DENIED. We’re still surprised (and most anyone who tells you they feel otherwise is pretty much full of it).
I mean, many of us had suggested a full-on denial could happen – and the overall tone of the public hearing last month surely had some believing it was a possibility, but it was pretty difficult to find anyone who would actually say with any certainty before Thursday afternoon this deal would be nixed. The CRTC hasn’t really fully said “No” to a significant deal since Vidéotron tried to buy CFCF in the 1990s and Power Corporation wanted to buy Quebec broadcaster Télé-Metropole (now TVA) in 1986. And, despite those early denials, Quebecor now owns all those cable and broadcast assets.
The consensus surrounding the acquisition of Astral Media by Bell Canada, and I mean right up until 3:59:59 p.m. Thursday, was that it would receive conditional approval: That the Regulator would say “yes, but…” As in “yes, Bell, you can have Astral, but you must sell a few English TV channels to make us more comfortable with your market influence, and the benefits package needs an overhaul, and you’ll need some extra regs tacked on there for good measure.”
Bell leaders were and are, dumbfounded. In his memo to staff on Friday, Bell CEO George Cope called the decision “mistaken”, “an injustice”, “out of the blue and so wrong”, “shocking and ill-thought” and offered up CRTC chairman Jean-Pierre Blais’s e-mail address for employees to give him a piece of their mind. The company has now taken the unprecedented step in asking federal cabinet to issue a policy direction to the CRTC on this issue.
The Commission has just about always decided in favour of the companies involved in M&A activity – and often surrounds the approval with conditions or better benefits before sales can be finalized. Back in 2007, the major condition the CRTC demanded of CTVglobemedia when purchasing CHUM Ltd. was that it sell the Citytv network instead of the former A-Channels, which it had initially promised to divest. That sort of horse trading has been part of the usual regulatory dance for a while. No more, it seems.
The feel of the hearing was very different than others we’ve covered (something we’ve been doing since 1997). It always did seem like this deal was in trouble with the Commission, but we couldn’t bring ourselves to truly believe it. I guess we should have trusted our eyes and ears but we instead chose to think the commissioners who aggressively questioned Bell were playing the part of Devil’s Advocate and not really as opposed to Bell/Astral as they seemed. While we noted recently that the final question CRTC chairman Jean-Pierre Blais asked Bell executives during the public hearing should have scared the Bell executives, we still didn’t believe a full denial was going to happen.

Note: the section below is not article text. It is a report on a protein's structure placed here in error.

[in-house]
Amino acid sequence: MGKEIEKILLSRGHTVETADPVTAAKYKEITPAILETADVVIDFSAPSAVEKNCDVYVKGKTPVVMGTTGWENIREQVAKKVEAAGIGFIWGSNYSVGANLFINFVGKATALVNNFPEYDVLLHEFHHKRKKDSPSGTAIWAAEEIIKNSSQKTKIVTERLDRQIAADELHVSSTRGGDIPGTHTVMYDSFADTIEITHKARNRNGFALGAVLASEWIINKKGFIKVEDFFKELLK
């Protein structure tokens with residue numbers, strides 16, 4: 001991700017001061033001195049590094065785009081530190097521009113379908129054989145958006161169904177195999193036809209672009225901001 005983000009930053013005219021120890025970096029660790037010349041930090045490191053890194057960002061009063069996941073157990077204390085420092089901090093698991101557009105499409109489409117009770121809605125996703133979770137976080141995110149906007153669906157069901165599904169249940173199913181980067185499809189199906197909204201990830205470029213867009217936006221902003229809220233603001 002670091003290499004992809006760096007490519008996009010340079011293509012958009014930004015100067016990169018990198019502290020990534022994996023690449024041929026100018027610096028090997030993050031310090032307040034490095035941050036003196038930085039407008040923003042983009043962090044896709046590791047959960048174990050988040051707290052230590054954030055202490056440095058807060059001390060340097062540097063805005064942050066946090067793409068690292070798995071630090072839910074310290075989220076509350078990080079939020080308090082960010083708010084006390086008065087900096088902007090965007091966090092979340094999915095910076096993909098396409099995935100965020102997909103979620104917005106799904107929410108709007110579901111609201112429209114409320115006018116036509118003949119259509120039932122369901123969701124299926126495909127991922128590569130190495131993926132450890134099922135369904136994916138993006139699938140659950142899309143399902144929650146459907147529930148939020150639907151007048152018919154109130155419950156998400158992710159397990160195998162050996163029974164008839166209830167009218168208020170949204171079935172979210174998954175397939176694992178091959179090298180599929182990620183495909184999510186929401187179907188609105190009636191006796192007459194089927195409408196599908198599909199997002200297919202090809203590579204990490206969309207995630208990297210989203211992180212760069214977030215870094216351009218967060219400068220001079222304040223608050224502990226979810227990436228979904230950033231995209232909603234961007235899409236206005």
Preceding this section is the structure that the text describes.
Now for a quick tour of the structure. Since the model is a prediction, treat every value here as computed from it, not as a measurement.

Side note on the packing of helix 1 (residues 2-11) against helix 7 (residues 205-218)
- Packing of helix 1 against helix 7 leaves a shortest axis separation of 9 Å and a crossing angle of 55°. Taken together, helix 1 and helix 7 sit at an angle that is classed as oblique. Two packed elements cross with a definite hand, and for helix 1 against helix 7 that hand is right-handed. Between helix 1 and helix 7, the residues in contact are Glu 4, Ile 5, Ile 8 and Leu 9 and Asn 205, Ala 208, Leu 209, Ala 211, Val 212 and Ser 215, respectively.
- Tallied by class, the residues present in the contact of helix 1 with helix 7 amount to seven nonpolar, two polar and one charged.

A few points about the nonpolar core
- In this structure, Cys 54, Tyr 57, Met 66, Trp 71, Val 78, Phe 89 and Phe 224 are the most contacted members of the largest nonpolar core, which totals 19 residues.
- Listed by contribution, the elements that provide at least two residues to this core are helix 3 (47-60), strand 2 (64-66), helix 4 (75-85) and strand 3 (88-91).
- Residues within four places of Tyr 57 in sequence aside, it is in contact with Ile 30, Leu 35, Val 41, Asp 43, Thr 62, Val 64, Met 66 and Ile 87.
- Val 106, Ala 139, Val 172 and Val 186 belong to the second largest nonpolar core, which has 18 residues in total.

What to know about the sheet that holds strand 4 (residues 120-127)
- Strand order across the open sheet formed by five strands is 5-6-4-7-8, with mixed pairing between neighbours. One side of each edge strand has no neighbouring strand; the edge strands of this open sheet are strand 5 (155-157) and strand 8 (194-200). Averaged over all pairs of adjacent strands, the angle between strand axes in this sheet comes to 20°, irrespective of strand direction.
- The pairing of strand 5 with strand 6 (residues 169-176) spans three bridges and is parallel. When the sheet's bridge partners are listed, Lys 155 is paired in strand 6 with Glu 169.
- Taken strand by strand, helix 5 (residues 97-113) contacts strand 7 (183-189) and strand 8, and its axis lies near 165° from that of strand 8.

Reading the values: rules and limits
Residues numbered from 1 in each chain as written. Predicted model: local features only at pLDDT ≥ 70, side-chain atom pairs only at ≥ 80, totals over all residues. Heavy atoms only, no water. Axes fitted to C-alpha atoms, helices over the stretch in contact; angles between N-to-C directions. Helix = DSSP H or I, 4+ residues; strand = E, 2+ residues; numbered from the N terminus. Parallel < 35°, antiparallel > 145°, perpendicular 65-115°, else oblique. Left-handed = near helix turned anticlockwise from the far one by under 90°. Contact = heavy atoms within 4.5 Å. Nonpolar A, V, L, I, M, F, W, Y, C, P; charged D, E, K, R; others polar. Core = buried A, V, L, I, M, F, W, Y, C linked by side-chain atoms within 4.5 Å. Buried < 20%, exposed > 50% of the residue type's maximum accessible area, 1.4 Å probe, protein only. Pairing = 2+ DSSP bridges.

Turns out we were right about Bell needing to be afraid of what that final query meant, but before Thursday afternoon everybody – and I mean EVERYBODY we talked to assumed approval (except one fellow, and you know who you are). This is a vertically and horizontally integrated industry and Bell buying Astral was assumed to be just another step in that march. Almost no one dared believe that the CRTC would essentially say: “you know what? This deal makes Bell too big, we don’t like the way you’ve been playing in the industry sandbox with everyone else, we think it’s not in the best interest of Canadians, so forget it. No.”
But the Regulator did just that – and in such a way we wonder just what company can now buy Astral?
* Corus Entertainment and Cogeco Inc. had put a partnership together earlier this year to try and buy the company but were outbid by Bell, sources told us. Some say Cogeco is the now-obvious Astral suitor, but the has already spent $1.3 billion on U.S. cable and internet firm Atlantic Broadband this year, making another big acquisition difficult. “We question whether Cogeco Cable has the balance sheet or operational capacity to integrate Atlantic Broadband and Astral at the same time,” said Canaccord Genuity analyst Dvai Ghose in a research note.